Siah Hwee Ang sees global value chains being hit, medical supplies as a scarce resource and countries protecting their own interests, among other things, as the coronavirus outbreak spreads

Siah Hwee Ang sees global value chains being hit, medical supplies as a scarce resource and countries protecting their own interests, among other things, as the coronavirus outbreak spreads
How did COVID-19 lead to panic buying of toilet paper in New Zealand? (Picture taken on 10 March, 2020).

By Siah Hwee Ang*

Despite the known benefits, we’ve witnessed a retraction from globalisation of the last few years. Take, for example the US withdrawal from the Trans-Pacific Partnership Agreement (TPPA), India’s withdrawal from Regional Comprehensive Economic Partnership (RCEP) negotiations, and most recently Brexit.

Talks of protectionism have become more frequent, and the US-China trade battles cast major uncertainties over the world economy.

The novel Coronavirus (COVID-19) surfaced in late 2019, initially as a societal threat.

Globalisation and protectionism were promptly forgotten about once the extent of the virus’ economic impact became obvious, especially after China responded with radical moves to contain its spread.

Worldwide, the media paid scant attention to Brexit and the implications of the UK’s exit from the EU on 31 January.

Given that the virus is airborne and human-to-human transmission is possible, it is no surprise that services sectors were the first to get hit.

Tourism, aviation and education are industries that faced immediate challenges upon the arrival of COVID-19.

Some Chinese cities went into lock down and public gatherings were prohibited. Agriculture and some consumer industries have started to take the hit as Chinese consumers stay home.

As for international education, the impact is more extensive than just the immediate challenge of the travel bans. Travel bans will cost both education institutions and local economies (through consumption, rental, etc.) millions of dollars alone.

As COVID-19 circles the globe, uncertainties loom for the education trade. But one thing is for sure, the face-to-face model of education will encounter unprecedented disruption. Online learning may yet become the new normal.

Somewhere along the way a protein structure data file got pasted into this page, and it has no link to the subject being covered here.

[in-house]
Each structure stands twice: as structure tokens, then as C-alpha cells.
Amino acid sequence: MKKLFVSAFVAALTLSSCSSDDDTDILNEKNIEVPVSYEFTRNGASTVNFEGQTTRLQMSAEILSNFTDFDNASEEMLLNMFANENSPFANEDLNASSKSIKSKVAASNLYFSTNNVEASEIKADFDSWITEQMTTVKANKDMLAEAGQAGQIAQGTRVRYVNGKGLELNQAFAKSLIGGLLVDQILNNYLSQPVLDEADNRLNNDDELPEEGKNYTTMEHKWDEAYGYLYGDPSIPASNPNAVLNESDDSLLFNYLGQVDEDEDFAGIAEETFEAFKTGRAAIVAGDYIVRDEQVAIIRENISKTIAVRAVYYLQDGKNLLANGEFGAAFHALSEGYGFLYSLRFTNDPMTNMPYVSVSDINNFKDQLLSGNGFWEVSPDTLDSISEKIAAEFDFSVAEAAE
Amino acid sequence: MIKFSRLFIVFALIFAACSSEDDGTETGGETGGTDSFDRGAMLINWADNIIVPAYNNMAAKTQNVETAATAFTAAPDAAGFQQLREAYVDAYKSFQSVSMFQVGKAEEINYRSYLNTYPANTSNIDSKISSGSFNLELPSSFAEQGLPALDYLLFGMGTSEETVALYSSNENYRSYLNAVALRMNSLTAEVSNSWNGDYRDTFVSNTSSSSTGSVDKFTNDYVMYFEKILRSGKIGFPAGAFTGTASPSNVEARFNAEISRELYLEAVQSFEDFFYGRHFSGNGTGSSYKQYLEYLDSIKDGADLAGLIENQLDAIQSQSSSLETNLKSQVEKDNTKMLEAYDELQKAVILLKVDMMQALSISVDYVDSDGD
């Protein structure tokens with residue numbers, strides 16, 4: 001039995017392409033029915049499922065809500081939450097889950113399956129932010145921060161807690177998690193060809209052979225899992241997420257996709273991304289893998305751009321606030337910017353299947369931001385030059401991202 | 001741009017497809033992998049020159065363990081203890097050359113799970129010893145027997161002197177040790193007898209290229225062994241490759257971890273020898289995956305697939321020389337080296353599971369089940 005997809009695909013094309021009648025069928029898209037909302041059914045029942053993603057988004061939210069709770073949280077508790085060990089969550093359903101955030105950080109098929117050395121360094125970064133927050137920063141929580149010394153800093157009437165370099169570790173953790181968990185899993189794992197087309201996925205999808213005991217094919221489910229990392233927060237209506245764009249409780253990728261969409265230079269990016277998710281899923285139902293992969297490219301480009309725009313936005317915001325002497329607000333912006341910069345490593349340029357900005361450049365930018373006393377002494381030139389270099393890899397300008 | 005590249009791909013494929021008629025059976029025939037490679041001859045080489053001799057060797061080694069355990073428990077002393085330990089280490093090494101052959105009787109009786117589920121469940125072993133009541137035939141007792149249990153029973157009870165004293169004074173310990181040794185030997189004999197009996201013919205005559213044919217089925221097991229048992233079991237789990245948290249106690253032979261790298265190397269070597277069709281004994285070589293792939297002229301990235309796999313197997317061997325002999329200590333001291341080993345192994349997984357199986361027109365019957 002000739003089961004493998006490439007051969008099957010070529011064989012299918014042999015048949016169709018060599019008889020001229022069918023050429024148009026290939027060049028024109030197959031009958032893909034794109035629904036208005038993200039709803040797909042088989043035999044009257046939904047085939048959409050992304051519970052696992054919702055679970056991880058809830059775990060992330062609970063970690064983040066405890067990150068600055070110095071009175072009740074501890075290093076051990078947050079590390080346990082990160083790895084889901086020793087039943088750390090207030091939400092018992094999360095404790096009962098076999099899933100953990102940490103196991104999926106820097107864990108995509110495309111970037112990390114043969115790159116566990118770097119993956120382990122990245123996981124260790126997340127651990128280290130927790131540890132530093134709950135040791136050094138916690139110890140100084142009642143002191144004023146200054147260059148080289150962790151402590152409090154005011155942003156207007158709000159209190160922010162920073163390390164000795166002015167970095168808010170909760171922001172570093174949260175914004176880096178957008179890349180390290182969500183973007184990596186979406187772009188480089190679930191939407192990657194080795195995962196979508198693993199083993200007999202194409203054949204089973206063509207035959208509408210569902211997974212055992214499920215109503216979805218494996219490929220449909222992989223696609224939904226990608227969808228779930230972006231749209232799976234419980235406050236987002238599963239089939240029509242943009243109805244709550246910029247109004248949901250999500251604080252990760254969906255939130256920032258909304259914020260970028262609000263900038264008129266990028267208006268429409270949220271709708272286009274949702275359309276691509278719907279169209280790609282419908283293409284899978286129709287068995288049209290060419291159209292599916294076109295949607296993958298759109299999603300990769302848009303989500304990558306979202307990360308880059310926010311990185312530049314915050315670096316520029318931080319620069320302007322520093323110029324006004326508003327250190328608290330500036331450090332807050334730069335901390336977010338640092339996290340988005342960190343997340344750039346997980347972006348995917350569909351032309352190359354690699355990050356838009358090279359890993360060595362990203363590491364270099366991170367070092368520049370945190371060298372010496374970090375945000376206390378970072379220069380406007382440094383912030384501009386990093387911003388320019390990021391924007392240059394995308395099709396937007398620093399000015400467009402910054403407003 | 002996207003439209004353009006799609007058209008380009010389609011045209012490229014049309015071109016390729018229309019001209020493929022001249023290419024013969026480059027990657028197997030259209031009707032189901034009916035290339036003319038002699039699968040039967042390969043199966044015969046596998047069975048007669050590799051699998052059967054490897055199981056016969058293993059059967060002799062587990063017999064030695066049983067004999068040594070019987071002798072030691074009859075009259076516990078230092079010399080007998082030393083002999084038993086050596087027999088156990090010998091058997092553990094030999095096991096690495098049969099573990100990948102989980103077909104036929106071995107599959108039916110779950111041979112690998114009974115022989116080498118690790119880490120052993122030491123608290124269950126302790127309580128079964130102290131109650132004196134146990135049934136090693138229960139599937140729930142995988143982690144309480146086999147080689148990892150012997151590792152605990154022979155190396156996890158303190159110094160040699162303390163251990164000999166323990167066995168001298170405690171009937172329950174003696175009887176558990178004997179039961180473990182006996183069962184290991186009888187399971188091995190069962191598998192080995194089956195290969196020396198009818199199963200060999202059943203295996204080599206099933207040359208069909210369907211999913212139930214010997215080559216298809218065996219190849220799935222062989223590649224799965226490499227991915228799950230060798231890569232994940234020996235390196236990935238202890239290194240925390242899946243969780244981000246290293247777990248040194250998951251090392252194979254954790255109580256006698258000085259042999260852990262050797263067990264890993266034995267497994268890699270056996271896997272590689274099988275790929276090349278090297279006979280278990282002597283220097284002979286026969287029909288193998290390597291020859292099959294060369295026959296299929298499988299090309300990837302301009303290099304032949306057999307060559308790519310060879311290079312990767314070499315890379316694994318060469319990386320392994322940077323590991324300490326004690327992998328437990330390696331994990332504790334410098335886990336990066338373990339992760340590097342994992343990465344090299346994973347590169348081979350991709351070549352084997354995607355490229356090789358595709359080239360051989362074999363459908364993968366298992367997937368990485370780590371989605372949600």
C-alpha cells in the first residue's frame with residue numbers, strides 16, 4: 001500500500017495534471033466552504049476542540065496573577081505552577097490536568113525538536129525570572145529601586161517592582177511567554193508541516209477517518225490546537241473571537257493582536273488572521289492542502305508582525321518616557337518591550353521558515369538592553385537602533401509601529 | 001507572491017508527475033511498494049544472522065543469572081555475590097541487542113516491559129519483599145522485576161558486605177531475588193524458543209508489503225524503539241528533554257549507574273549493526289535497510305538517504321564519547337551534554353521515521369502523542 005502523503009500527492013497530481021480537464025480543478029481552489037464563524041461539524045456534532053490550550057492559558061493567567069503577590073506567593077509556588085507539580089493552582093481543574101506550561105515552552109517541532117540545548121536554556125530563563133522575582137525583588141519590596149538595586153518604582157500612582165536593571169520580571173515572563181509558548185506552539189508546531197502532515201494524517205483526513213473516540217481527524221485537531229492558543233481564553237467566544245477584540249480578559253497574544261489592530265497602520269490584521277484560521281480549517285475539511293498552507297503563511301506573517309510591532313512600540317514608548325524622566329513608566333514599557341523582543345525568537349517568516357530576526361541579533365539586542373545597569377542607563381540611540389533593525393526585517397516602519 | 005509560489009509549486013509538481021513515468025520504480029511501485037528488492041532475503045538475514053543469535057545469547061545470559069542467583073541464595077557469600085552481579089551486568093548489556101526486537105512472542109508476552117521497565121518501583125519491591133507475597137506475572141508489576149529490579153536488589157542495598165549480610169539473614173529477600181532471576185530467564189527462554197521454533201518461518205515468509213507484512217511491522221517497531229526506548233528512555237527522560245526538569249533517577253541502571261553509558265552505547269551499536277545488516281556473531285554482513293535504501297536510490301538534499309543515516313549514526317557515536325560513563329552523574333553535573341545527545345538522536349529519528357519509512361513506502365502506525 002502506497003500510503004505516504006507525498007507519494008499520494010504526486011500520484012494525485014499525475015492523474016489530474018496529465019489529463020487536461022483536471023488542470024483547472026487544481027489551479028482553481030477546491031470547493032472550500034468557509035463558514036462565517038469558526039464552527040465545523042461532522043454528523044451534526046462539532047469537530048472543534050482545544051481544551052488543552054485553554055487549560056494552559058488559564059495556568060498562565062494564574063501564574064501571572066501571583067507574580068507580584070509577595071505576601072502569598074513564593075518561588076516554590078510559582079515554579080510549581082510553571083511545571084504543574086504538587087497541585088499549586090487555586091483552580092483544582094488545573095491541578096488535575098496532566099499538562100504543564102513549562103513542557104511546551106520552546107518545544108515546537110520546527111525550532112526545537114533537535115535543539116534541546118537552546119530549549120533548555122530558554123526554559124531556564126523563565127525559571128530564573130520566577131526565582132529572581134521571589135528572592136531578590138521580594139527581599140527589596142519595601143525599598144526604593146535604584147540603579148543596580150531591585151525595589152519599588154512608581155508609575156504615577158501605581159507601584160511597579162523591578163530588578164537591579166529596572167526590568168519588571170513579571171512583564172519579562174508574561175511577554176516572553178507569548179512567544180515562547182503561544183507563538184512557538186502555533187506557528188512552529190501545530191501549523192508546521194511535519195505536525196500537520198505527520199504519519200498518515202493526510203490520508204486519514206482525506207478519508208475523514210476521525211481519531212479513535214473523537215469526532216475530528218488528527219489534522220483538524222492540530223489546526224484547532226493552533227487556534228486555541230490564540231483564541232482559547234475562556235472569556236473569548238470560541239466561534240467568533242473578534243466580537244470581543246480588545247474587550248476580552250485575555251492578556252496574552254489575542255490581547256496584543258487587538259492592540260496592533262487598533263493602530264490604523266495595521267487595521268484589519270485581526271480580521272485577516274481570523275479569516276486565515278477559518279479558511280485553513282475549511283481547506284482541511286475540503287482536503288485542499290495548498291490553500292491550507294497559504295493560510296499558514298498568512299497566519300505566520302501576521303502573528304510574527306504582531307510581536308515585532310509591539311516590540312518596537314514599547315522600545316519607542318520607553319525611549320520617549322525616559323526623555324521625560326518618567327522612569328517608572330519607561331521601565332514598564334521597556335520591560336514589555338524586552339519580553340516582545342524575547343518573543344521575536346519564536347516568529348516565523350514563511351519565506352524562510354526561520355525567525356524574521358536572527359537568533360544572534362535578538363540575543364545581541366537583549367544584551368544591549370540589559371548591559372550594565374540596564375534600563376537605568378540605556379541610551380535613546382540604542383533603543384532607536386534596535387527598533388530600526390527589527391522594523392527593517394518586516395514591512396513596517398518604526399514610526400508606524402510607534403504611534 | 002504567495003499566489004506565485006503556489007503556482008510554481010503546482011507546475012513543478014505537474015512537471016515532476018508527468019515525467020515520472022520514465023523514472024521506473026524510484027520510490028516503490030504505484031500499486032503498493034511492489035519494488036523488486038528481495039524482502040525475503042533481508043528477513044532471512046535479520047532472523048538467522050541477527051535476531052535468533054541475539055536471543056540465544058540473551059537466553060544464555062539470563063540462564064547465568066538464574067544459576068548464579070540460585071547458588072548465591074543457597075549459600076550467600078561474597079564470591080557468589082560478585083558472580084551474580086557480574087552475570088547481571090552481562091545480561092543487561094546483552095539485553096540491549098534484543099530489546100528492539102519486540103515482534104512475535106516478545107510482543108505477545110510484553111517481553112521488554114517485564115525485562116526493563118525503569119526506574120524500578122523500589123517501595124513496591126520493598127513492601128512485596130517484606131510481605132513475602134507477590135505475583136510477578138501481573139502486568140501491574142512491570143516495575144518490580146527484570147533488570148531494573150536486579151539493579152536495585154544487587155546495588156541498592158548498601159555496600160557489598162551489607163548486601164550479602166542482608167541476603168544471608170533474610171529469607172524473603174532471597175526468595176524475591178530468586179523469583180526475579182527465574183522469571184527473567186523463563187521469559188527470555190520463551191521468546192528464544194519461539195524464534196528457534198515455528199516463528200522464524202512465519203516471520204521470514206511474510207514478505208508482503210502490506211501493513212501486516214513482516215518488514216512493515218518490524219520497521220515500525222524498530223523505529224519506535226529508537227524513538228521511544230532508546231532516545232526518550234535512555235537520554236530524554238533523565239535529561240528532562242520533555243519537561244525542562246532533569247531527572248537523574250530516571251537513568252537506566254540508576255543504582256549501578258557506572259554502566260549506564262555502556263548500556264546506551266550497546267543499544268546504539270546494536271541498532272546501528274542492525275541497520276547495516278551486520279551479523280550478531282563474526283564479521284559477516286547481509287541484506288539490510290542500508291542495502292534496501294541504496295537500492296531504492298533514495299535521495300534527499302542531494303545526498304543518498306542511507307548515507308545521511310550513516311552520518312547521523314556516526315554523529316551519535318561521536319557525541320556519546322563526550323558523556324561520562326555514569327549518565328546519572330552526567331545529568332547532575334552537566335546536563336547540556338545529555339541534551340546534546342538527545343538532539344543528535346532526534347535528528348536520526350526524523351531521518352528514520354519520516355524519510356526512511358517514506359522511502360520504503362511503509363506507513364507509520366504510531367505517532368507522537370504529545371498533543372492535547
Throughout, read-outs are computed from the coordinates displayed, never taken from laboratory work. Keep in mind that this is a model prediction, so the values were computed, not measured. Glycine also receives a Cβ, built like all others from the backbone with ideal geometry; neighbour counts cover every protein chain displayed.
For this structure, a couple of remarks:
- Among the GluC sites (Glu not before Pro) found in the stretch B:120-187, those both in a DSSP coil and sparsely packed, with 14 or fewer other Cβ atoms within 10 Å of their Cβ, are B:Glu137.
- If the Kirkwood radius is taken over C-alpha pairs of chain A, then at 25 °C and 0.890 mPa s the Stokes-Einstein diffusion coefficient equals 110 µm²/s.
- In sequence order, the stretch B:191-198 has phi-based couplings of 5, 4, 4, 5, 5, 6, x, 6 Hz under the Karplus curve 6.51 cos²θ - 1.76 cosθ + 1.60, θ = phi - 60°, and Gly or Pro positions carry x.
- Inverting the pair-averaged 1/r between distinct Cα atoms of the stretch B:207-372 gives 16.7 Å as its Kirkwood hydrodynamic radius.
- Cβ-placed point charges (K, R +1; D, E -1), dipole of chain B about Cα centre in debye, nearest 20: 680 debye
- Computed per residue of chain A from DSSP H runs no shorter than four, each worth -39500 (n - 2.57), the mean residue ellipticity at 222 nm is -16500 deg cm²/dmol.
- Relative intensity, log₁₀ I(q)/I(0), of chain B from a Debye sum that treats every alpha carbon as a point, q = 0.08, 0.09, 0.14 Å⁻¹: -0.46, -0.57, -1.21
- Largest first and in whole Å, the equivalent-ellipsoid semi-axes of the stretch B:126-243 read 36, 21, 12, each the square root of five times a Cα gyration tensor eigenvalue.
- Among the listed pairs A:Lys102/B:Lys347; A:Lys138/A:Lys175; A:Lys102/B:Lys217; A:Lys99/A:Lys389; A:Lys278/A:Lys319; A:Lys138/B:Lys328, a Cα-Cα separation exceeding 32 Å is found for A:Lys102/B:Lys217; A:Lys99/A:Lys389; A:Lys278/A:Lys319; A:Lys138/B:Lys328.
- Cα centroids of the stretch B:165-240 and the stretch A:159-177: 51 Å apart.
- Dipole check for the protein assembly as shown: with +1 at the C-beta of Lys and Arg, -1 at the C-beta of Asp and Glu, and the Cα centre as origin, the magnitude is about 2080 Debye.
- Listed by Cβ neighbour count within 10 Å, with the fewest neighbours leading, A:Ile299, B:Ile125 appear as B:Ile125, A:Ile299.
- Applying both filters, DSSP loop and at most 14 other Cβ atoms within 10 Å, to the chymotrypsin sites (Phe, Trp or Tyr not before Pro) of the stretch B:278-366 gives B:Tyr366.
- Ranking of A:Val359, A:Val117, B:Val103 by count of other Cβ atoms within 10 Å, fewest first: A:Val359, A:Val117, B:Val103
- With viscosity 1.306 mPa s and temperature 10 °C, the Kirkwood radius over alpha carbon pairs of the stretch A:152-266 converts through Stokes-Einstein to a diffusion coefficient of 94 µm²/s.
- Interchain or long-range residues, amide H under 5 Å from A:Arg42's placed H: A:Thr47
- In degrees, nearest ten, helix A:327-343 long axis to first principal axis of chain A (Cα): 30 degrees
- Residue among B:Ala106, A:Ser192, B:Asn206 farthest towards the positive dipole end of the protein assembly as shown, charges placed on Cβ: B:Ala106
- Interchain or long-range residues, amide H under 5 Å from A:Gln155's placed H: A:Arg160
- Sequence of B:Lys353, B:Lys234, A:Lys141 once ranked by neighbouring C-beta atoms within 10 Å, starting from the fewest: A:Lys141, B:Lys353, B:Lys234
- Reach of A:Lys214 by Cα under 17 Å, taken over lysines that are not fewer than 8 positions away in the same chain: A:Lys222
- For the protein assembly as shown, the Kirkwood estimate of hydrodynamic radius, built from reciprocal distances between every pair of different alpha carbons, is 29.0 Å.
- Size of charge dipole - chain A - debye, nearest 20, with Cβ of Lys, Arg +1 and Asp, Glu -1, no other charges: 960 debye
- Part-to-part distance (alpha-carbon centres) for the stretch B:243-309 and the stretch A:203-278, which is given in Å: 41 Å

Self-isolation and other preventive measures will also have a negative economic impact because of a reduction in consumption.

Countries are setting up financial buffers to keep industries going. Singapore has a S$10 billion package in place, US has US$8 billion, Thailand has 100 billion Baht to name a few.

Will these packages cover off the potential layoffs coming off a bad year for many businesses? Maybe, but unlikely. The buffers will ensure that a one-off extraordinary event that creates excess capacity won’t be an immediate reason to downsize.

When demands pick up, the duplication cost of hiring will be incurred as well.

So, riding out the challenges over the next months is encouraged, with all help possible. Global value chains are affected too, and resource scarcity becomes an issue. For example, computer manufacturers will need components, which are made by other companies. Those companies in turn rely on another set of companies that produces raw materials.

Various disputes at the World Trade Organization have centered around the failure of some countries to trade goods and services as agreed in free trade agreements. Countries often will get away with the argument of self-preservation, and the inability to give up resources to trade when they need those resources themselves.

Medical supplies would be one of those scarce resources now. These situations present issues in relation to how closely countries are tied together on the global value chain, and more specifically how China is pivotal in many of these. The impact that COVID-19 has on interweaved global value chains has not yet become apparent.

Countries are also actively protecting their interests and disputes are starting to surface in areas where globalisation is commonly observed, such as human flows and trade. As I write the US has imposed travel bans from Europe to the US.

The jury is out on whether global economic growth will be hit by two percentage points due to this pandemic, leading to a meagre 1% growth in 2020. The developing world, especially the high growth nations in Asia, are facing a serious battle to protect their economies from the impact of the coronavirus.

Below: When is the last time Shanghai’s Nanjing East Road was this empty during lunch time? (Pictures taken at midday on 28 January 2020 at lunch time).


*Siah Hwee Ang holds the Professorial Chair in Business in Asia and is the Director of the Southeast Asia Centre of Asia-Pacific Excellence at Victoria University of Wellington.

We welcome your help to improve our coverage of this issue. Any examples or experiences to relate? Any links to other news, data or research to shed more light on this? Any insight or views on what might happen next or what should happen next? Any errors to correct?